After the publication of my book last week I've had a number of questions about how I went about getting it published. I'm using a print on demand service - therefore the book is only printed when ordered and no stock is held. This is great for smaller projects such as my Travel Photography book however the print cost per copy is higher as you cannot benefit from economies of scale. There are two major players in the print on demand market, Lulu and Blurb.

Lulu

Lulu offers a number of print on demand products including books, calendars, photo books and cook books. What Lulu provided over Blurb was a free ISBN number meaning that people could buy your book through shops such as Waterstones, WH Smiths and Amazon.

My problems with Lulu started when trying to upload my book. I had designed it using Apple's Pages application however Lulu did not support PDF's created this way (as far as I'm aware Lulu won't accept any PDF's created through Quartz based applications - even if the PDF is created through Adobe's Acrobat distiller, it is something to do with the way fonts are embedded into the PDF). I ended up uploading a 1.8 gig postscript file rather than a 300mb PDF to be able to print through Lulu.

When the proof arrived the print quality was poor, some parts were my fault for not adding images at a high enough resolution however ultimately it looked like it had been printed through an ink jet printer on the draft settings. Lulu do have another service just for photo book printing however this was a lot more expensive.

Blurb

I was originally recommended Blurb over Lulu because of the print quality issues however the extra options (such as an ISBN number) provided by Lulu were enough to convince me to try them first. Blurb have created their own book creation software called Book Smart however there was no easy way to import between Apple's Pages and Book Smart so I ended up recreating the book using this software. This was good in many ways as it solved many of the resolution/DPI issues I had with Lulu. Book Smart also handles all of the conversion/uploading when it comes to publishing the book.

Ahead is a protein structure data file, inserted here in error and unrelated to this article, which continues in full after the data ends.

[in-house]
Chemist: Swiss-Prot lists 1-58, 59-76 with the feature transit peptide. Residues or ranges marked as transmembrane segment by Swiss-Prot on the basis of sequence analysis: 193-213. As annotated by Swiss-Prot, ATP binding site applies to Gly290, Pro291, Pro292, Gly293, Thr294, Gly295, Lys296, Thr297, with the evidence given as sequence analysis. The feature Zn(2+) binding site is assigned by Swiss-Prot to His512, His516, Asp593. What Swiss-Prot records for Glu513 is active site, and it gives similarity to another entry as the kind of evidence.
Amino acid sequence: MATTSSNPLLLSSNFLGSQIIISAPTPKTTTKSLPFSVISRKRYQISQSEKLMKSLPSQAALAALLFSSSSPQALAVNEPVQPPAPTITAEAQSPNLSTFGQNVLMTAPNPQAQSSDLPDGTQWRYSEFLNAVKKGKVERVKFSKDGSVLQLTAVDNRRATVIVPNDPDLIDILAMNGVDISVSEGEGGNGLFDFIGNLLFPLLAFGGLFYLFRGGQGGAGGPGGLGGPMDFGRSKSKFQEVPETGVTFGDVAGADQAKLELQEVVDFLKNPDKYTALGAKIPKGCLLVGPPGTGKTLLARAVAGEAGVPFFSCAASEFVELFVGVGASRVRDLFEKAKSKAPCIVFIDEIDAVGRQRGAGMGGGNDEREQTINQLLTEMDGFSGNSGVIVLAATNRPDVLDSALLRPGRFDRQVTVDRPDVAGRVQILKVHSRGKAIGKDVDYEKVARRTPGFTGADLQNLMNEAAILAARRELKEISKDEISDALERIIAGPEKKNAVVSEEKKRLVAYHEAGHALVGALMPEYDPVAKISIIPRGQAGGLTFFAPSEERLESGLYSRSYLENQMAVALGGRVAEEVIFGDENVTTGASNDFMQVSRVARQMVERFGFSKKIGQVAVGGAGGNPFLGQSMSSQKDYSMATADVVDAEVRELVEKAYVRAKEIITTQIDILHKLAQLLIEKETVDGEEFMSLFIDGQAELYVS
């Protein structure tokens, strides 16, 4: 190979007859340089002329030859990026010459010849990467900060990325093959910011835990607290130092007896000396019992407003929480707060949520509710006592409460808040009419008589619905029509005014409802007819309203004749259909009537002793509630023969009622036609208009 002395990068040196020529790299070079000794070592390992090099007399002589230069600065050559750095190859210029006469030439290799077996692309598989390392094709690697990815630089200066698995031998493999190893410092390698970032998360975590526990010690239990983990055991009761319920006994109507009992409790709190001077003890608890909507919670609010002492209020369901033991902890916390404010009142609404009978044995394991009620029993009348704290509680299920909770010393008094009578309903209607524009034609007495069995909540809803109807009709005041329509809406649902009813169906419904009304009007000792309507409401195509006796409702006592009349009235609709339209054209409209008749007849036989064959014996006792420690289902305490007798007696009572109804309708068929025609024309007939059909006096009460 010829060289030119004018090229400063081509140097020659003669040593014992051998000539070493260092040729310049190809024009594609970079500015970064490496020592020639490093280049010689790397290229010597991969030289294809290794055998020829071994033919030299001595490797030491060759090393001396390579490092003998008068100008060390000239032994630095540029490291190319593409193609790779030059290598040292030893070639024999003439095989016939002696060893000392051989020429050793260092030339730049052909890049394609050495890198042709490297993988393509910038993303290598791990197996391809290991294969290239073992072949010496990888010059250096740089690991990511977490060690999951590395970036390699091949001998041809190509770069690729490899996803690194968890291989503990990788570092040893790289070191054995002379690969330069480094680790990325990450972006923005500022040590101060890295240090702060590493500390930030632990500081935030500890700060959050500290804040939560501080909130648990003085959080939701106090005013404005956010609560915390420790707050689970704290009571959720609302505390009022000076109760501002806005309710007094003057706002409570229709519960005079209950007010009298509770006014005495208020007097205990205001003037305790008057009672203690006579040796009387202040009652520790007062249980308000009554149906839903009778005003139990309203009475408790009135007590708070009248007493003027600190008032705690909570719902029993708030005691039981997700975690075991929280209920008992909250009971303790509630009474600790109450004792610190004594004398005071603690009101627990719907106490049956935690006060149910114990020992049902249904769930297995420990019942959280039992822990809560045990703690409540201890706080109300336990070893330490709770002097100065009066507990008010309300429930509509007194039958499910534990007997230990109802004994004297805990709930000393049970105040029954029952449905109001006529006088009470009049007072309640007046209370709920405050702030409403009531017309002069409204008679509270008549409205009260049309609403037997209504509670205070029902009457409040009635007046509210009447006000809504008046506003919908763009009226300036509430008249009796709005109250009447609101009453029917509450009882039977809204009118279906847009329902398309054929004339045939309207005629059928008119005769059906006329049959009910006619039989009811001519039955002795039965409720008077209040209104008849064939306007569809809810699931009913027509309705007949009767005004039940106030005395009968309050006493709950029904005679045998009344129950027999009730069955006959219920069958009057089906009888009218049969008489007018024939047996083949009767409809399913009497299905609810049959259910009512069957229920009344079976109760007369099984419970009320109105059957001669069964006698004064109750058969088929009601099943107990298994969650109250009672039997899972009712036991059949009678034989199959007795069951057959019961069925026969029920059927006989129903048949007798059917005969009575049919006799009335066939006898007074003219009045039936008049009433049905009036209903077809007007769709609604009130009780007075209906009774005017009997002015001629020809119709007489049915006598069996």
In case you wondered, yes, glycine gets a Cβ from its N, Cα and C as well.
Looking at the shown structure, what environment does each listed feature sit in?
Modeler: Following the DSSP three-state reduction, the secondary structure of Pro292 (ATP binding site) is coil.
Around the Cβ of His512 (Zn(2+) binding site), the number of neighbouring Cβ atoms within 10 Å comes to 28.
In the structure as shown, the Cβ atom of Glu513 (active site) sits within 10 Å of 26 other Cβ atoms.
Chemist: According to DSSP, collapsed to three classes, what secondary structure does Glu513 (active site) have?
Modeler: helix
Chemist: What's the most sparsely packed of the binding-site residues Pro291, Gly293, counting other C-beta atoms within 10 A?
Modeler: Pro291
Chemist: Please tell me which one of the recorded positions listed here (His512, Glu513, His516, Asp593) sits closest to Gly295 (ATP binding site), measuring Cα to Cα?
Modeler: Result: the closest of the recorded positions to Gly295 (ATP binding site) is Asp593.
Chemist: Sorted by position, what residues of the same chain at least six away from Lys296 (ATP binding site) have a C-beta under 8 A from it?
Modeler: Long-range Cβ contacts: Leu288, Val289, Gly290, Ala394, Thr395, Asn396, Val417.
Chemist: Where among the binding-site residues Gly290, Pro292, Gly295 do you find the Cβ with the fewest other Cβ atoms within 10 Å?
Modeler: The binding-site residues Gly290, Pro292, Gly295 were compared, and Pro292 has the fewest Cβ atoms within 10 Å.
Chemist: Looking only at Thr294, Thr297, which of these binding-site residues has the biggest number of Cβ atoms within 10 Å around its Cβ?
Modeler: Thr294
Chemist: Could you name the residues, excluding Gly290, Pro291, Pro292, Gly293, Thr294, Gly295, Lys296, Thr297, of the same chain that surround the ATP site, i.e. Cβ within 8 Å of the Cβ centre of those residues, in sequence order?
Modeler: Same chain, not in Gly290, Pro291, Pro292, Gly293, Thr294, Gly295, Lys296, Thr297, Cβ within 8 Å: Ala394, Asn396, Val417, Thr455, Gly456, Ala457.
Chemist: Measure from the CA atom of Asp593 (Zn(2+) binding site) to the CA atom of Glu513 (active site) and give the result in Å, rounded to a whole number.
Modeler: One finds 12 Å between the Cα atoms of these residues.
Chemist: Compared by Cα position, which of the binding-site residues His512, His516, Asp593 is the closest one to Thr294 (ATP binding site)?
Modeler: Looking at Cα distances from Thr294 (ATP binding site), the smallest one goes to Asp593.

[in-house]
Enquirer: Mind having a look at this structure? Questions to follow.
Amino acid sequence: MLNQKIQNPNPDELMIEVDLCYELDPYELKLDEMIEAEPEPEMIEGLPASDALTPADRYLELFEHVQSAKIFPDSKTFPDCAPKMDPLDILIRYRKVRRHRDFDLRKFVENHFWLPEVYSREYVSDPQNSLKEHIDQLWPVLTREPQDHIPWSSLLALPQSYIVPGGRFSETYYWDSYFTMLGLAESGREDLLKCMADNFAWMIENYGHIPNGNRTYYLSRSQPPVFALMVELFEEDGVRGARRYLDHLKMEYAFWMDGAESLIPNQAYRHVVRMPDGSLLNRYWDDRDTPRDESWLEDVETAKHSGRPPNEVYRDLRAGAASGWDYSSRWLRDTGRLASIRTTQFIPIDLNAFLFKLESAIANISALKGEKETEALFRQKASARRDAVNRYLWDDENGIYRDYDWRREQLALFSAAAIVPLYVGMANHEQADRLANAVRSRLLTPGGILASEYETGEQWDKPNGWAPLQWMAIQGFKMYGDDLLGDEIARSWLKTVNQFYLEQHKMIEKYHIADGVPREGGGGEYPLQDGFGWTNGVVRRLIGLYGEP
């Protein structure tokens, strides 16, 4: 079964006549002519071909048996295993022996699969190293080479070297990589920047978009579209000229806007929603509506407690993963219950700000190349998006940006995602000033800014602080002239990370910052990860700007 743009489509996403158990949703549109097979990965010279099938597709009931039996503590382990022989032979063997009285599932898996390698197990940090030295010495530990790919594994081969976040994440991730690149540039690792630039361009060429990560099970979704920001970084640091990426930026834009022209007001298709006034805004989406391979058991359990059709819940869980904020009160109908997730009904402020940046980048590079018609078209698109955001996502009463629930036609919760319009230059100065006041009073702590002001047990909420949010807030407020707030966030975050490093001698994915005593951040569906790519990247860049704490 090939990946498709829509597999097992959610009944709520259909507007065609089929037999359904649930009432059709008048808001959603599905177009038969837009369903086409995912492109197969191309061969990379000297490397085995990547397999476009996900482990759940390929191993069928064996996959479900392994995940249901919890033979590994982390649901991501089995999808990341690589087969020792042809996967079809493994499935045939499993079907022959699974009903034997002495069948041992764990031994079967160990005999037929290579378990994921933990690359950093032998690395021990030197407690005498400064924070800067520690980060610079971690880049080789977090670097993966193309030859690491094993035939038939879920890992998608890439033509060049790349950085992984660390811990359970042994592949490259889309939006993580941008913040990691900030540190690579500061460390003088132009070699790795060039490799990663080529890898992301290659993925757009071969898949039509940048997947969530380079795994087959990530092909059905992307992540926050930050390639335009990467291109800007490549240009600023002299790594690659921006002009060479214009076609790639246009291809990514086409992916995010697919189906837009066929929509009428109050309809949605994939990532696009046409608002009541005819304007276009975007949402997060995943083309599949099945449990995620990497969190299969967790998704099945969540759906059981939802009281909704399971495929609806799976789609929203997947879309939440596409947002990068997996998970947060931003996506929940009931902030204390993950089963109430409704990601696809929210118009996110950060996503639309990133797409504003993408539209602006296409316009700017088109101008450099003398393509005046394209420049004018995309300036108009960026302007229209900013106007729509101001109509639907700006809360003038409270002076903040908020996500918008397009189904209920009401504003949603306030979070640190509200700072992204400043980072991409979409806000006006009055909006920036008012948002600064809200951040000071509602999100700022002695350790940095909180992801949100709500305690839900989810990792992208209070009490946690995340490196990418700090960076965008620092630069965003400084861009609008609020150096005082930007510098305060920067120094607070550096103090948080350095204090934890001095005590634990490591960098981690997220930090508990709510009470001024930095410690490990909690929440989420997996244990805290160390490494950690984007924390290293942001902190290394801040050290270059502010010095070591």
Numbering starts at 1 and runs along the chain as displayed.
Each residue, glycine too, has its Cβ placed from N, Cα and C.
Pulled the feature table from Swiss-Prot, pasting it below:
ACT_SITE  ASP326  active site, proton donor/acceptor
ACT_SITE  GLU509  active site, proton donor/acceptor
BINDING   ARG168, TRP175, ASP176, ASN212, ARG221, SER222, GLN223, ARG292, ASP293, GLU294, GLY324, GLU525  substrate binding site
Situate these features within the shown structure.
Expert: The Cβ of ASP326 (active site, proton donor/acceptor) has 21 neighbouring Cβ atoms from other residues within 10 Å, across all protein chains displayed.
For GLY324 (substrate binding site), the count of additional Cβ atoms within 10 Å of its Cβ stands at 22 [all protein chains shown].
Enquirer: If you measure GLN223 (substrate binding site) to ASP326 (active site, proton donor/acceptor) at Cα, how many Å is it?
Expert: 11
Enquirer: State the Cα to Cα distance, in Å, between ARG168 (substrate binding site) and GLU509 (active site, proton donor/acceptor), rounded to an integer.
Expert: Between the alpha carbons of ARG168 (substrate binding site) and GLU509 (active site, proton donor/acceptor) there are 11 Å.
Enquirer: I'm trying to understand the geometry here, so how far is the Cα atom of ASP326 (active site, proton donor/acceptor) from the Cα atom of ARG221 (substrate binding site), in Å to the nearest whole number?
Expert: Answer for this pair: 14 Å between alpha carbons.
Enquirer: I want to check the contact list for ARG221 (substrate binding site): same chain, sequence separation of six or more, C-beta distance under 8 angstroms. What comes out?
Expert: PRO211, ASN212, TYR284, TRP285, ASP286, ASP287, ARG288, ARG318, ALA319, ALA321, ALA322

Blurb like Lulu allows you to set your own price for selling a book however they offer no free ISBN number and no way to sell your book as an eBook. Annoyingly there is no way to print from Book Smart without Blurbs 'this is a proof copy' message all over the PDF. Therefore for the eBook version I sell on ImAFish I've had to go back to my original copy created in Apple's Pages.

Prices between Lulu and Blurb are very similar, my book costs almost the same between Lulu and Blurb (though the Blurb book is a couple of cm smaller). Both allow for sales in UK Pounds, Euros and US Dollars and ship worldwide.

If you are creating a text heavy book such as a novel then Lulu's extra features such as an ISBN number are a clear winner. If you are creating a portfolio or photography book then Blurb's superior print quality is much better however if you are like me stuck in the middle between creating a photo heavy based book targeted at a wide audience then its a simple decision between quality and audience - I chose quality.

www.blurb.com

www.lulu.com

Comments

This was really helpful. I was trying to see what advantages one might have over the other and this explained everything.

This was great, Thanks :-) Can u explain what u mean by audience? my book is for retailers so would u recommend lulu? Mostly text a handful of images. Ta

Lulu has the easier tools to get your book on a wide audience because its easier to get an ISBN number.